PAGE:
— so God made a Farmer.

 

God bless our farmers!

 

Pastor Bob

 


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DAILY RESPITE EXCERPT: “WINDMILL HILL HAWTHORN” BY HOLLY WORTON

 

Have you ever listened to a tree?

 

Holly Worton has, and she “translates” for us the messages she receives from her trees in her book, “If Trees Could Talk: Life Lessons from the Wisdom of the Woods.” Holly is one of our 6 devotional authors that we are listening to for our “Daily Respite” devotional series. (All Daily Respite recordings are available at www.vinestreetchristianchurch.com under “Daily Devotions.) Below is Holly’s devotion from yesterday (Tuesday). In her book, Holly Worton offers both some opening remarks about each tree and how she found it, and closing reflections after the tree has finished speaking.

Below, I simply provide the transcription of what the Windmill Hill Hawthorn said to Holly.

 

    

 

“Windmill Hill Hawthorn”

 

You are correct in saying that this is your place.

 

      This is your home, this is your land, and this is where you belong. And in the same sense that this land is yours, this land is for you, you are for this land … everyone in this world has a land that is for them; where they feel connected, where they feel rooted, where they feel grounded, where they feel right, where it just feels like home. Regardless of whether they go out into Nature and connect with the natural land, some people may sense that one place is right for them, or not. But they can deepen that connection, they can deepen that relationship, they can deepen that deep sense of home by going to Nature around that place and connecting with it; connecting with the trees, connecting with the earth, connecting with the water, the sky, the wind, all of the elements.

 

      Many, many people have not yet found their abode, their comfortable place, their home, and their spot in the world. And this is sad – because everyone does have a place.

 

      We understand that people make decisions based on the practicalities of life; whether that be finding a job, proximity to family, friends, other things, practical things; but we would suggest that if you have not yet found your home, your place in the world; if you could just travel, visit, go to the places where your heart guides you. Whether that be the next town over the next country, or halfway around the world, if you feel drawn to a place; visit, experience, connect … and we understand that this sounds just a bit crazy, because again the practical brain comes in and says: I can’t afford that, I don’t have money for that, what if I want to go to a place that is, as you say, halfway around the world, and I just don’t have the money. We would like to suggest, again, that you put aside the practical thoughts, practical ideas, practical solutions, the practical problems, and simply allow yourself to dream.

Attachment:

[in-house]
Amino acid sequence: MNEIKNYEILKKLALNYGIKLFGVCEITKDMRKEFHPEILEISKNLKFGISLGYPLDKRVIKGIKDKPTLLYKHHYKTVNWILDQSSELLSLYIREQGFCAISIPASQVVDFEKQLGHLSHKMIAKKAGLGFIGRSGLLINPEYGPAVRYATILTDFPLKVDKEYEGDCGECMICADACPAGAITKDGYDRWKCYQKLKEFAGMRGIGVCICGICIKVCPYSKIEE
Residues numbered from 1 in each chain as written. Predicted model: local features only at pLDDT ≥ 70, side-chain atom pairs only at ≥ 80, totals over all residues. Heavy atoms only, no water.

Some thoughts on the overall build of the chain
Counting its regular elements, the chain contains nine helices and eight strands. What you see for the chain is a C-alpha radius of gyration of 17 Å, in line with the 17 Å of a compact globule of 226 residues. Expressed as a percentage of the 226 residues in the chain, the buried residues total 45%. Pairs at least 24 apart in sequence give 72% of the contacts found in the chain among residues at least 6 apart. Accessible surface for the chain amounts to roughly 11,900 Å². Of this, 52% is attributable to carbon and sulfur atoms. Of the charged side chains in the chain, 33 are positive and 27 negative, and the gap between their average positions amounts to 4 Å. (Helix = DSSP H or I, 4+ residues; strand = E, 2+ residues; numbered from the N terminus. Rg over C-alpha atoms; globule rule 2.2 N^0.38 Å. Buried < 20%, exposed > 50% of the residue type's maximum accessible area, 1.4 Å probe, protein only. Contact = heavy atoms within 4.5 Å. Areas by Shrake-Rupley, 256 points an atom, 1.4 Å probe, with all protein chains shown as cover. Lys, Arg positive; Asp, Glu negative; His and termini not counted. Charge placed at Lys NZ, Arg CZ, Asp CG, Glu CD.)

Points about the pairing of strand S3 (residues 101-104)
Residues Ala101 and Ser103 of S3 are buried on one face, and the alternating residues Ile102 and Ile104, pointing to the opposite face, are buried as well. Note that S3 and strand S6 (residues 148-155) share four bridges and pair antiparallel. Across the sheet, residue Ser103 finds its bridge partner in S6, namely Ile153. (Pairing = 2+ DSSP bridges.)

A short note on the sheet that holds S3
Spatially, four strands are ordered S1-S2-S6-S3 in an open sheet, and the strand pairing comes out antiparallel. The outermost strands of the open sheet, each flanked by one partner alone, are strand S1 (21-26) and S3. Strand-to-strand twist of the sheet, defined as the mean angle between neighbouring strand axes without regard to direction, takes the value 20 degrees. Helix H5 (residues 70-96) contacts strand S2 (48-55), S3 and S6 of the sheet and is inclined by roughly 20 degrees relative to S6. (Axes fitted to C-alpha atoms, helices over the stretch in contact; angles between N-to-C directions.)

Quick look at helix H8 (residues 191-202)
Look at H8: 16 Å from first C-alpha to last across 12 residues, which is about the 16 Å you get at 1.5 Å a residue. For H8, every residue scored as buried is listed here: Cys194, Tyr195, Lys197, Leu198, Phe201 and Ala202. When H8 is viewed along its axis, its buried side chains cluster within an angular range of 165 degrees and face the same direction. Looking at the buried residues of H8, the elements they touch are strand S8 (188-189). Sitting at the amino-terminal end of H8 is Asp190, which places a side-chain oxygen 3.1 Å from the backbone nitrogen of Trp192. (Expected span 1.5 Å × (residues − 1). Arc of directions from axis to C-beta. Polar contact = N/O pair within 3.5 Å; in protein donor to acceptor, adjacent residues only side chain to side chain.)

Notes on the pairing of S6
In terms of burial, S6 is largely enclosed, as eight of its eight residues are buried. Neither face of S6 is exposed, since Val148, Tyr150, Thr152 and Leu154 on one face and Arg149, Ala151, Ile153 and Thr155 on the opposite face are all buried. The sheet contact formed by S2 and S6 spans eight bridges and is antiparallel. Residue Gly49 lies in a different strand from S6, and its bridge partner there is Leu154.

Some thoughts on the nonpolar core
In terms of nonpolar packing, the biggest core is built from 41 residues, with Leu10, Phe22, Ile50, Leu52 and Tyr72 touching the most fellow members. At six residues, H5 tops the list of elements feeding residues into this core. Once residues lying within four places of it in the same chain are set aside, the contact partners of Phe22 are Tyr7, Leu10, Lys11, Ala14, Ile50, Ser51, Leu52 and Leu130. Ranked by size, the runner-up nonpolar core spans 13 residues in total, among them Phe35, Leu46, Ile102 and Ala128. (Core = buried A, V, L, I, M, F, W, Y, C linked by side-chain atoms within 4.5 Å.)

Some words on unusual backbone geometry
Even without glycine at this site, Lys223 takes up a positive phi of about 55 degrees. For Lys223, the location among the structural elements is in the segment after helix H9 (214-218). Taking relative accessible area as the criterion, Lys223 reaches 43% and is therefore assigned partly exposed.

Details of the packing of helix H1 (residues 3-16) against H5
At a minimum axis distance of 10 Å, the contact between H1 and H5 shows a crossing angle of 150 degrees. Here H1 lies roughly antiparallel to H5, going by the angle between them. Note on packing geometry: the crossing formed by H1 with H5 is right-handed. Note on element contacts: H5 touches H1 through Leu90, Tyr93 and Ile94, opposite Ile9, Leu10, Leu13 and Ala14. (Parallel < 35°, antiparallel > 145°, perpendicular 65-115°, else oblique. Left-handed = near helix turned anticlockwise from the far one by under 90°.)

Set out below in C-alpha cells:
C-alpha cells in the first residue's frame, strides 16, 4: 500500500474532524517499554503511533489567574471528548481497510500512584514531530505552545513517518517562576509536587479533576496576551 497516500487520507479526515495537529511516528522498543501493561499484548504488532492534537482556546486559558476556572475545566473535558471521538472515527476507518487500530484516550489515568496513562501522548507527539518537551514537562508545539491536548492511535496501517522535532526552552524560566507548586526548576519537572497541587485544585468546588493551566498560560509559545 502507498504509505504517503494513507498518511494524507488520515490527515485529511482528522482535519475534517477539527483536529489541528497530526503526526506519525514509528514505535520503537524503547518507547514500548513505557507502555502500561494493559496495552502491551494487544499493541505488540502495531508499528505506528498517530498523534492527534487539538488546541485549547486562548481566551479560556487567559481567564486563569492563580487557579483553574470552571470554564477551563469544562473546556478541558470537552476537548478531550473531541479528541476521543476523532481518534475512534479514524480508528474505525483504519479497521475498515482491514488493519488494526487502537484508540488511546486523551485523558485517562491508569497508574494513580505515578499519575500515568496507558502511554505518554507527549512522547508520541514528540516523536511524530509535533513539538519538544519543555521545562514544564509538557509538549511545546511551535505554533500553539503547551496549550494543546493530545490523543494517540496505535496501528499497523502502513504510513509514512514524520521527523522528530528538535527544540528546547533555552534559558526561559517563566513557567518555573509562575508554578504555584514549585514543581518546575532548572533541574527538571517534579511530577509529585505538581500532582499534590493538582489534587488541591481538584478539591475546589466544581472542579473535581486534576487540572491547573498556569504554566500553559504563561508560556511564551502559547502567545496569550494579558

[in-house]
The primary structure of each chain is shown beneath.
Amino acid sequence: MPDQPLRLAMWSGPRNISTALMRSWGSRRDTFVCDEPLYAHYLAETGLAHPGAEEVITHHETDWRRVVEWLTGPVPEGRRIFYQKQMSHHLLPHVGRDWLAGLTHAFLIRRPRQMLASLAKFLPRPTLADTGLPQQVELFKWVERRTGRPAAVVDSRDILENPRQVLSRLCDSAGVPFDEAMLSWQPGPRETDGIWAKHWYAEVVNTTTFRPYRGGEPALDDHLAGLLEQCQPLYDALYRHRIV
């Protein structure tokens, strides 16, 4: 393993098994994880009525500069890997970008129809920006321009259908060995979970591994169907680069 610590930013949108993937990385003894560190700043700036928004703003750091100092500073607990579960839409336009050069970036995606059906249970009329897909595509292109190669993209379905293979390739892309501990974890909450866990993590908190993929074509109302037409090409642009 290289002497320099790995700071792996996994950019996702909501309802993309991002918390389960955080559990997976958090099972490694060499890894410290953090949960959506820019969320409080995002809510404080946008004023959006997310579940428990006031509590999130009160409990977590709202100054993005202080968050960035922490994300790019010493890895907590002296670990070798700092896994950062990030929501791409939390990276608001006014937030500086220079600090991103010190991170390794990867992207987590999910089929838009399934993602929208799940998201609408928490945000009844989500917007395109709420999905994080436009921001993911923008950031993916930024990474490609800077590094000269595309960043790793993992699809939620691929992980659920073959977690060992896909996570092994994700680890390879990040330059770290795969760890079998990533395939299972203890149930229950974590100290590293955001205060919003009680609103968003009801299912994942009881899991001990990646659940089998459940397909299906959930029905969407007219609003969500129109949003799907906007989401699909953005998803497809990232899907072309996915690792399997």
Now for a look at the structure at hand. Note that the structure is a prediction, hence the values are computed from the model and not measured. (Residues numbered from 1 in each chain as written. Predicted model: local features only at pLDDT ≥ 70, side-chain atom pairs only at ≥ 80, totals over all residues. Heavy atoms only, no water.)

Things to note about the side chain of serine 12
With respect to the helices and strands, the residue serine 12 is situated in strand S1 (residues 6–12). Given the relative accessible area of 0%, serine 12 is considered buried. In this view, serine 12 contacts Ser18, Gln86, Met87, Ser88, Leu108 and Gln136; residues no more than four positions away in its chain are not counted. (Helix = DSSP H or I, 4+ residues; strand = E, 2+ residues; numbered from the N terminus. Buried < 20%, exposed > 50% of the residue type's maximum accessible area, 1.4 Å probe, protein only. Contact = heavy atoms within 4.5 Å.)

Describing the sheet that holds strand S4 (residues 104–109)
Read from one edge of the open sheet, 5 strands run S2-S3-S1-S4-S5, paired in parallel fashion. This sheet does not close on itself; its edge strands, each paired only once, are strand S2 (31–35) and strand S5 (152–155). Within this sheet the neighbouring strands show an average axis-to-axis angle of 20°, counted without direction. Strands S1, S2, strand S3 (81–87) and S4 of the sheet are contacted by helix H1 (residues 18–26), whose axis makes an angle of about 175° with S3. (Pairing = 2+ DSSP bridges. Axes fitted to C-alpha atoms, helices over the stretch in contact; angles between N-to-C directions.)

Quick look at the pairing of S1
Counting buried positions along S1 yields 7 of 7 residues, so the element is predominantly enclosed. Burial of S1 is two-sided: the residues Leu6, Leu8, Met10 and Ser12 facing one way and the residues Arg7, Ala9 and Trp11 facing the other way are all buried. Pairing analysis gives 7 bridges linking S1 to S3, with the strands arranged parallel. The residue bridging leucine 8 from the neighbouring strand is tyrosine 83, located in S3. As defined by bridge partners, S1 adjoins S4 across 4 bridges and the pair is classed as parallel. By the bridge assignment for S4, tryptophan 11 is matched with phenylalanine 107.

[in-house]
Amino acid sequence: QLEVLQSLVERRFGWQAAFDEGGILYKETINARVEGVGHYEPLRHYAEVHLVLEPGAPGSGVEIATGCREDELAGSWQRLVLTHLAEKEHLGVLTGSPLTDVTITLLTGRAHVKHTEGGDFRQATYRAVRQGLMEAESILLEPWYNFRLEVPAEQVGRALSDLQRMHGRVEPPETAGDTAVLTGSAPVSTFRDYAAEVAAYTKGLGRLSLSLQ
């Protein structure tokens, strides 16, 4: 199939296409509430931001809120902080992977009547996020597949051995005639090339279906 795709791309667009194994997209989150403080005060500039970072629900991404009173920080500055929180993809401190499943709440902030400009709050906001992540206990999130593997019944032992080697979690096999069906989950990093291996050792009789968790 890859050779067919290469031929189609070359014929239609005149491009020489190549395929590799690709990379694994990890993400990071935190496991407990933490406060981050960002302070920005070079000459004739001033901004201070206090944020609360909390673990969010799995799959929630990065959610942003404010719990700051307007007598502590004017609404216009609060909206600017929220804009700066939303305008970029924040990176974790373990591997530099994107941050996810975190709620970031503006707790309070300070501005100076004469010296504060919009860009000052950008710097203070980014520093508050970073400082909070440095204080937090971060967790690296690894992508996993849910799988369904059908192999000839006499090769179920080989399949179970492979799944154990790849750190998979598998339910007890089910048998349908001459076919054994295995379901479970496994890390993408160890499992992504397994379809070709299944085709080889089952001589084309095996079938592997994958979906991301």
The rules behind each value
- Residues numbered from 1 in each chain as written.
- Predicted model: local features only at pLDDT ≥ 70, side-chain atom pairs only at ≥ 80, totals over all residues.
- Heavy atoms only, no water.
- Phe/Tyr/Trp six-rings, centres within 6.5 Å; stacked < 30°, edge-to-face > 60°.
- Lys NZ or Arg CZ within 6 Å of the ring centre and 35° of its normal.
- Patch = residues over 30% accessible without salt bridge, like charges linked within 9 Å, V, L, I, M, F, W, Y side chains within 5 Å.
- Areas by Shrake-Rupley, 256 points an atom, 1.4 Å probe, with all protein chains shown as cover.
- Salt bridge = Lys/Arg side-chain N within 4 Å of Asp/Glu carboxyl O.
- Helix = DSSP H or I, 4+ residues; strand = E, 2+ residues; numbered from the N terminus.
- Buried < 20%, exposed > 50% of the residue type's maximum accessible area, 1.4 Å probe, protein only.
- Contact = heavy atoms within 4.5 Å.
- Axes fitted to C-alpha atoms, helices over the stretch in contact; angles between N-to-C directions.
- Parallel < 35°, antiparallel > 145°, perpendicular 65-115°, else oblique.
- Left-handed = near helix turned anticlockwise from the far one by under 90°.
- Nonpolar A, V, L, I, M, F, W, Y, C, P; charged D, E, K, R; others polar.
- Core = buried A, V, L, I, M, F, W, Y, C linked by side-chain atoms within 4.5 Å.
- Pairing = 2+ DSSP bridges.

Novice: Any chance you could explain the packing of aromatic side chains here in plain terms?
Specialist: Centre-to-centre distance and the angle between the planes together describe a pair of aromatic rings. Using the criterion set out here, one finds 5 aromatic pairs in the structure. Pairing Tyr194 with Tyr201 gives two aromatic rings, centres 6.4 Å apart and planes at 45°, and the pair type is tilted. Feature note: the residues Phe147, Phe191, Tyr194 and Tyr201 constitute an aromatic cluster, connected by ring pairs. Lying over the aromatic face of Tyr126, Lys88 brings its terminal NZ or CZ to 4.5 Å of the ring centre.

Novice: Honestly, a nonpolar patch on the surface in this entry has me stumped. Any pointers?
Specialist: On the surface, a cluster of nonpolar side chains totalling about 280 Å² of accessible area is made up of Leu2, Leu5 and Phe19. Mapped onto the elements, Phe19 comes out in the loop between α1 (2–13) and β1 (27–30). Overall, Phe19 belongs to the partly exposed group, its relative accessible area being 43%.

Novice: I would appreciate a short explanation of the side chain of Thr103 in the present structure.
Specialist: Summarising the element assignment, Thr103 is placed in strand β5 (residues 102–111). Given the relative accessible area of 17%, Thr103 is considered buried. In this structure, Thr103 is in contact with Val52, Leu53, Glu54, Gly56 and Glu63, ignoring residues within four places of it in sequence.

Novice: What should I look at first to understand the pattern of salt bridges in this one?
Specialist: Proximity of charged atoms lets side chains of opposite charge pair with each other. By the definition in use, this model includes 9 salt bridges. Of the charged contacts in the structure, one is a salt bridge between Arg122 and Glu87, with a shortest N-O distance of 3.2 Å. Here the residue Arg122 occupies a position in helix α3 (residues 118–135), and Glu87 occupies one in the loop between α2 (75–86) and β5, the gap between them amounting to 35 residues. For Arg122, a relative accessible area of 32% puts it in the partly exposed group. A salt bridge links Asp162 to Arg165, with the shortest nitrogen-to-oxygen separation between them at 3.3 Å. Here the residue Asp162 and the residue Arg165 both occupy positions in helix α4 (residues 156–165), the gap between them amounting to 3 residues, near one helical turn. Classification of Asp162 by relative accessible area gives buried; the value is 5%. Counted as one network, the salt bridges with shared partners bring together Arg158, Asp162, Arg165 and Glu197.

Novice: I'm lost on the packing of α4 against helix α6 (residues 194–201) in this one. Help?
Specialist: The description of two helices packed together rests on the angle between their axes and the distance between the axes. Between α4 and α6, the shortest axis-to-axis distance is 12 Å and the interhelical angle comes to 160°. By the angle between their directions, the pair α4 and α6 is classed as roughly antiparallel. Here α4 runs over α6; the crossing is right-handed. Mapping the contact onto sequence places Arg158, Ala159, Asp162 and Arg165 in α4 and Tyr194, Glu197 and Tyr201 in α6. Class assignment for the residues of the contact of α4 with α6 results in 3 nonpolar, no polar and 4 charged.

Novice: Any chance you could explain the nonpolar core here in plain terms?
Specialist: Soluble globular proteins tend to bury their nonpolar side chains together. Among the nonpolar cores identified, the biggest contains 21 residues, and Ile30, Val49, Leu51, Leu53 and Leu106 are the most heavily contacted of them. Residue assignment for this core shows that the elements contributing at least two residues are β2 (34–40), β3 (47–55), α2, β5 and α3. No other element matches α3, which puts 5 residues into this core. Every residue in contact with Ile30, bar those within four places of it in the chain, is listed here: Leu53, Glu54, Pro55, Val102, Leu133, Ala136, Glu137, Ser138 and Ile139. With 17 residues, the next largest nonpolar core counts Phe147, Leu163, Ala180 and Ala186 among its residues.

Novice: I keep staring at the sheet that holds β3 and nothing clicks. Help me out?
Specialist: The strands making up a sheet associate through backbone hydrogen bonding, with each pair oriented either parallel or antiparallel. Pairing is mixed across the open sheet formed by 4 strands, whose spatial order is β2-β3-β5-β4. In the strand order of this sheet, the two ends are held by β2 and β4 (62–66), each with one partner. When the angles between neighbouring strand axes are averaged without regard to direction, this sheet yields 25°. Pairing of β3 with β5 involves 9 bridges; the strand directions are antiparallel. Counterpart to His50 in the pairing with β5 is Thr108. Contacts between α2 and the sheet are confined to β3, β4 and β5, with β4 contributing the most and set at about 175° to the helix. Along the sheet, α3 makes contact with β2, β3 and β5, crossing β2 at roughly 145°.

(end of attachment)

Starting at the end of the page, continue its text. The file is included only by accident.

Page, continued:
If you have a place in mind, start connecting with it: by reading about this place, you can buy books about the place, you can read online, you can do searches, you can look at photographs, you can look at images, you can collect images, you can make a collage of all your favorite images of this place. And connect with this place on a digital level, on an intellectual level, by reading … and that will start the journey.

 

There is a reason you are drawn to some places.

 

And that does not necessarily mean that you have to move halfway around the world and live in this place – but perhaps, these are places that you could visit. And once you make the connection, you may find that it is easier for you to return to these places, and it is easier, and easier, for you to visit these places; and it is easier for you to return to these places, and it is easier for you to connect and feel the deep sense of belonging. That sense of, “I am home, I am here” that so many people crave.

 

And so, we would like to remind you, that perhaps this path starts for you by setting aside practical worries, and concerns and simply connect wherever you can by reading online, by reading books – connect, connect, connect. And perhaps you will find the ways, perhaps you will find the practical solutions, on how to get to these places and how to return to these places and how to perhaps even one day live in these places that you are drawn to. But it all starts with that intuitive nudge, that calling of the heart, as it connects to your heartland; to the place where you belong, to the place that feels like home, to the place of your abode, perhaps, perhaps not … but you will be surprised what happens when you answer that call.

 

This is all.

 

Note from Pastor Bob – actually, that is not all the Windmill Hill Hawthorn had to say to Holly that day. This tree had one more important lesson to suggest to all of us humans. That lesson will be featured in the Religion column of the Arthur-Graphic next Wednesday. I suggest we listen …

Amen. 

<>< Pastor Bob